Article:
As in any changing scenario, the big winners will be the ones who happened to guess right. But failing that, the most successful players will be the most agile ones. 

It's also a huge opportunity for bicycle advocacy. More cyclists— and more to the point, more new cyclists — is like a huge shot of energy gel for People For Bikes and allied groups. More cyclists means increased demand for safe places to ride, and, especially with commuters, increased ridership pretty much demands that city and local governments seriously rethink their policies of how bikes and cars interact.

Of course, the current supply chain situation isn't going away anytime soon, especially if demand remains constant or increases. In addition to keeping supplies tight (and profits high), some sales may inevitably fall through the cracks as the channel can't supply enough product ... and of course this is good news for the already-booming used bike market.

Likelihood of actually happening: 50%

4. E-bike shortages

If the European and Asian market histories are any indication, demand for e-bikes may suddenly skyrocket after years of steady growth, far outstripping the supply chain's ability to meet that demand. This surge of growth could occur irrespective of what happens with demand for pedal-only models.

In Europe and Asia, e-bike demand has exhibited a hockey-stick curve of steady growth followed by an explosion in market demand. Couple this with a supply chain that's already running at redline, and it could be a seller's market for e-bikes .. .assuming retailers can find any.

New riders and a boom in e-bike sales would also have a trickle-down effect for the aftermarket and service categories, too.

New riders and a boom in e-bike sales would also have a trickle-down effect for the aftermarket and service categories. New (and often, inexperienced) riders going faster on e-bikes could drive an increase in safety-related products, especially a new generation of helmets offering a higher level of crash protection than required by today's CPSC standard.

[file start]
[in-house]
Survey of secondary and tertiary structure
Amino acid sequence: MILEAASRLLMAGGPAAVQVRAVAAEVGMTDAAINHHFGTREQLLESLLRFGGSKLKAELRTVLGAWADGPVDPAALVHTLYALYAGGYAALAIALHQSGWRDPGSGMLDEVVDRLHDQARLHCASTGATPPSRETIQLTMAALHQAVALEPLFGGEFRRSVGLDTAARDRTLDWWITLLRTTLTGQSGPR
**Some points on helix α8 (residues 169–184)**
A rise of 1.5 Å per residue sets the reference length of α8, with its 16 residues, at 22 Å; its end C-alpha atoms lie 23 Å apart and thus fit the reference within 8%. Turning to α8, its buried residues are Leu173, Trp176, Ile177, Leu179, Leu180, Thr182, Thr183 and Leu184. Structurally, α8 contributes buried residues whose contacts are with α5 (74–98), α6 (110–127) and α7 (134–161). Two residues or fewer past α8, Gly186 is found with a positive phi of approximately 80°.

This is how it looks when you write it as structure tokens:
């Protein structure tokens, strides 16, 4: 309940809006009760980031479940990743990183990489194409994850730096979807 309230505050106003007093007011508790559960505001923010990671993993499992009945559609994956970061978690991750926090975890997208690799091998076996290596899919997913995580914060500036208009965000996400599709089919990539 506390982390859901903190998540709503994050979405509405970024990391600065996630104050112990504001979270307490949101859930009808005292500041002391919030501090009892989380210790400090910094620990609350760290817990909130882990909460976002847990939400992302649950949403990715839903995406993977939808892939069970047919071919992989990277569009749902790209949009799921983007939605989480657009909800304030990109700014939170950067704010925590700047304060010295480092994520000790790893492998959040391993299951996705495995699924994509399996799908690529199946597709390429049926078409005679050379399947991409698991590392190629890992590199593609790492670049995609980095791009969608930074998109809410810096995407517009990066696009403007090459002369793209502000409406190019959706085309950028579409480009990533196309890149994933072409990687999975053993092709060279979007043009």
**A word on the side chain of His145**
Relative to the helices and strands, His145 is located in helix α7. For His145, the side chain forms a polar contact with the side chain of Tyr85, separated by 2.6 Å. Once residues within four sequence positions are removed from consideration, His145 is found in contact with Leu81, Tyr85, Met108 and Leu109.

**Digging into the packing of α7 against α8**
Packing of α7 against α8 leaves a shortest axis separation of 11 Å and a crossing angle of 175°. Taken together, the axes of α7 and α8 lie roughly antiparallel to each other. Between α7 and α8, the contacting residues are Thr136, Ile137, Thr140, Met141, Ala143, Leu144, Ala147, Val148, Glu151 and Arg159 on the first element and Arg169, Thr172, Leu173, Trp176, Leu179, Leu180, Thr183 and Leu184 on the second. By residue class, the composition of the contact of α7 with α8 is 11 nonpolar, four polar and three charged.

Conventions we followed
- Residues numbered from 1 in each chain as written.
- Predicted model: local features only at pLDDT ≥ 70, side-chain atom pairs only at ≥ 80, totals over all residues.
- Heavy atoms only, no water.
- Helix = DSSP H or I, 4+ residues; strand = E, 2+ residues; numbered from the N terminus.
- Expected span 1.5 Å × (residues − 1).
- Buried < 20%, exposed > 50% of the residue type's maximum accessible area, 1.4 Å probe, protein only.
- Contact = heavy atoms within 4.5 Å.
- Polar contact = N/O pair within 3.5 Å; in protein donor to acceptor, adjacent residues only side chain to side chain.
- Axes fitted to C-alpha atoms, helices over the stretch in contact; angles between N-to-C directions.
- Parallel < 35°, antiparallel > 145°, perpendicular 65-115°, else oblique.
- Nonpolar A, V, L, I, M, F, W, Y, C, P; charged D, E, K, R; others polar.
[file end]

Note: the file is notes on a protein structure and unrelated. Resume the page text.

Likelihood of actually happening: 35%

5. The Great Resignation and price expansion

It's no secret that the industry is currently undergoing a labor shortage. But couple that with potentially increasing demand in the product and service sectors, and that adds up to a looming labor crisis.

As my colleague Ray Keener pointed out last month, we know from decades of the NBDA's Cost Of Doing Business studies that most bike shops' margins are simply inadequate to support higher employee pay rates. But factor in rising demand (see scenario #3 previous), and we may be entering a phase of price elasticity that will support higher retail prices (i.e., rising prices do not proportionally reduce demand), which in turn could allow for increased employee compensation without forcing dealers out of business. This is especially true for more skilled positions like managers and mechanics.

Likelihood of actually happening: 40%.


Regardless of which of these scenarios come about, we're in a period of rapid change in the industry, perhaps more so than at any time since the bike boom of the '70s and the transition from the Bike 1.0 to 2.0 models, and from 2.0 to our current 3.0.

Will the current changes usher in Bike 4.0? Darned if I know, but it's certainly a possibility, particularly with the ongoing vertical integration of brands we see in scenario #2 previous.

And, as in any changing scenario, the big winners will be the ones who happened to guess right. But failing that, the most successful players will be the most agile ones.